Thursday, June 05, 2008

Political beliefs vs Religious beliefs

People always worry about religion influencing the laws of this nation. But one thing you never hear is how the laws of this nation can influence the beliefs of religions. Where there may have been a diversity of religious belief on any given issue there is a trend towards unity of belief as a result of a law written, meant not to effect religious attitude, but the attitude of the people. Science has already agreed that laws do effect the beliefs of people. When this happens religious belief naturally must also change. For if it did not people would be adhering to two sets of belief in regards to that particular issue.

Now, we as the people have a choice. Would we prefer that government, by its laws, influence religious beliefs or would we prefer that religious beliefs influence government and the laws it enacts? Some would bring up the issue of which religion if the latter was advocated but I do not see that as an issue.

The reason I do not see that as an issue is because of how the founding fathers have set up our government, a government of three independent branches. We also have the Constitution to protect against any attempt to force a singular religious belief system onto the people. That protection is not found in the first amendment but in the body of the Constitution itself. It is found in Article VI, section 3 of the Constitution.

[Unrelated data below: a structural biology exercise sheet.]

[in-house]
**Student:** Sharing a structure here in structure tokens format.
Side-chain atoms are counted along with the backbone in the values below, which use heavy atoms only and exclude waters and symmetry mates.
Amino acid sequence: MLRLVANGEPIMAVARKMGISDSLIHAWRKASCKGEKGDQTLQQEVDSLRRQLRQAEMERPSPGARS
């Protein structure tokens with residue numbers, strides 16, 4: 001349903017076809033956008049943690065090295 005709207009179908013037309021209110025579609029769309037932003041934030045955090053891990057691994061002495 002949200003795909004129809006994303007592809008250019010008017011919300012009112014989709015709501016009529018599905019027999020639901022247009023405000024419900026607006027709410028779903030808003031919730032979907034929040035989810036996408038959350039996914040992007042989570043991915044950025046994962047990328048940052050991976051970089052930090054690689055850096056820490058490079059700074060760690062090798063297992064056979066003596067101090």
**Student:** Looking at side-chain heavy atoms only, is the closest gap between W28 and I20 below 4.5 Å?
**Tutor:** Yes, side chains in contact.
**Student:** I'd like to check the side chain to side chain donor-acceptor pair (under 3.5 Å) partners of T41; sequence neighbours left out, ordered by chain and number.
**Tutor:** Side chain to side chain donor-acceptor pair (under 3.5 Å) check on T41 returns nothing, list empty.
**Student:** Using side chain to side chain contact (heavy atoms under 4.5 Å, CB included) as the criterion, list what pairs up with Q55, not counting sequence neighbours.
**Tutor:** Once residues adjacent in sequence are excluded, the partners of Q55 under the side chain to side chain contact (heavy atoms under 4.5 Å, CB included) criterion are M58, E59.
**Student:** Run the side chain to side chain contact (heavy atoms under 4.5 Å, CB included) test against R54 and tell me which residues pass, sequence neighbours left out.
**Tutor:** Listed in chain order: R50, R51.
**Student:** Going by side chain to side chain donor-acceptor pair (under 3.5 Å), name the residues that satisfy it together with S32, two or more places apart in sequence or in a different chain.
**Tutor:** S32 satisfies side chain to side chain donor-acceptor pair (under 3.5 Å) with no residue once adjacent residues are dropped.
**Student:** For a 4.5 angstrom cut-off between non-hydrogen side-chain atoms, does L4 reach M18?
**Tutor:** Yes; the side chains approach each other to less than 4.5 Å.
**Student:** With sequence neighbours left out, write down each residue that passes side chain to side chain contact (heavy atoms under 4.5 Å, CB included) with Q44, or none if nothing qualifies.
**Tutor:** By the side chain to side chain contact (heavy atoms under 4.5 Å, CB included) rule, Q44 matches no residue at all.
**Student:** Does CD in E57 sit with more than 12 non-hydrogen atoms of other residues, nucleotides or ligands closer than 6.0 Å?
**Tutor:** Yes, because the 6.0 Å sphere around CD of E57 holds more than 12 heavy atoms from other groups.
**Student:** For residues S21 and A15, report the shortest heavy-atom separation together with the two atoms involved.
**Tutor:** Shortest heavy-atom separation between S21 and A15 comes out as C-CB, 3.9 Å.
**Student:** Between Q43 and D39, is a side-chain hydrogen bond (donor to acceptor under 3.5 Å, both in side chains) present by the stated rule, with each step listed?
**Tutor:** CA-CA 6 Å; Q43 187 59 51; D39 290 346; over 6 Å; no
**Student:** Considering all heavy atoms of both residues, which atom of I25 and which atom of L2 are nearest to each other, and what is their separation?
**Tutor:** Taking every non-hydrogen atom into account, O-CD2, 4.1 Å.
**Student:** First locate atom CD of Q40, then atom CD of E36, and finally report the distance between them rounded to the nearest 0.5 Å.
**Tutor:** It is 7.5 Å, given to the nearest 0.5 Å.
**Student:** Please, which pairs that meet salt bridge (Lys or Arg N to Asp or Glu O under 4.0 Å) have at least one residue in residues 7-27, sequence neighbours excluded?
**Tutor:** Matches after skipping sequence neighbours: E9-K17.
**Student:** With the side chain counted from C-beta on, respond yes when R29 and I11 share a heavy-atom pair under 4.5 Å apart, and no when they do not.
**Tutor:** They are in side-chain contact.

“The Senators and Representatives before mentioned, and the Members of the several State Legislatures, and all executive and judicial Officers, both of the United States and of the several States, shall be bound by Oath or Affirmation, to support this Constitution; but no religious Test shall ever be required as a Qualification to any Office or public Trust under the United States.”

Within those few words are the indication of just how important religious belief was to the founders. It is the only right of individuals that was protected from the very beginning. And if understood by its intent we can understand what role religion was to play in governmental decisions. For it protected those elected officials who would vote out of religious conviction rather than secular conviction. In do so, protected religions themselves. Thus, we can see that the founding fathers understood that religion was to play an important part in governmental decisions. Tradition supports this viewpoint.

The very diversity of religions represented by elected officials assures that no one religion will dominate and enact laws according to a singular belief system. This is especially true in the legislative body of government where laws originate. The only branch of government where a single religion can be declared as represented is the branch of the Presidency. While he may influence legislation in regards to laws he cannot enact them on his own. He only has the power and authority to execute the laws as enacted by Congress.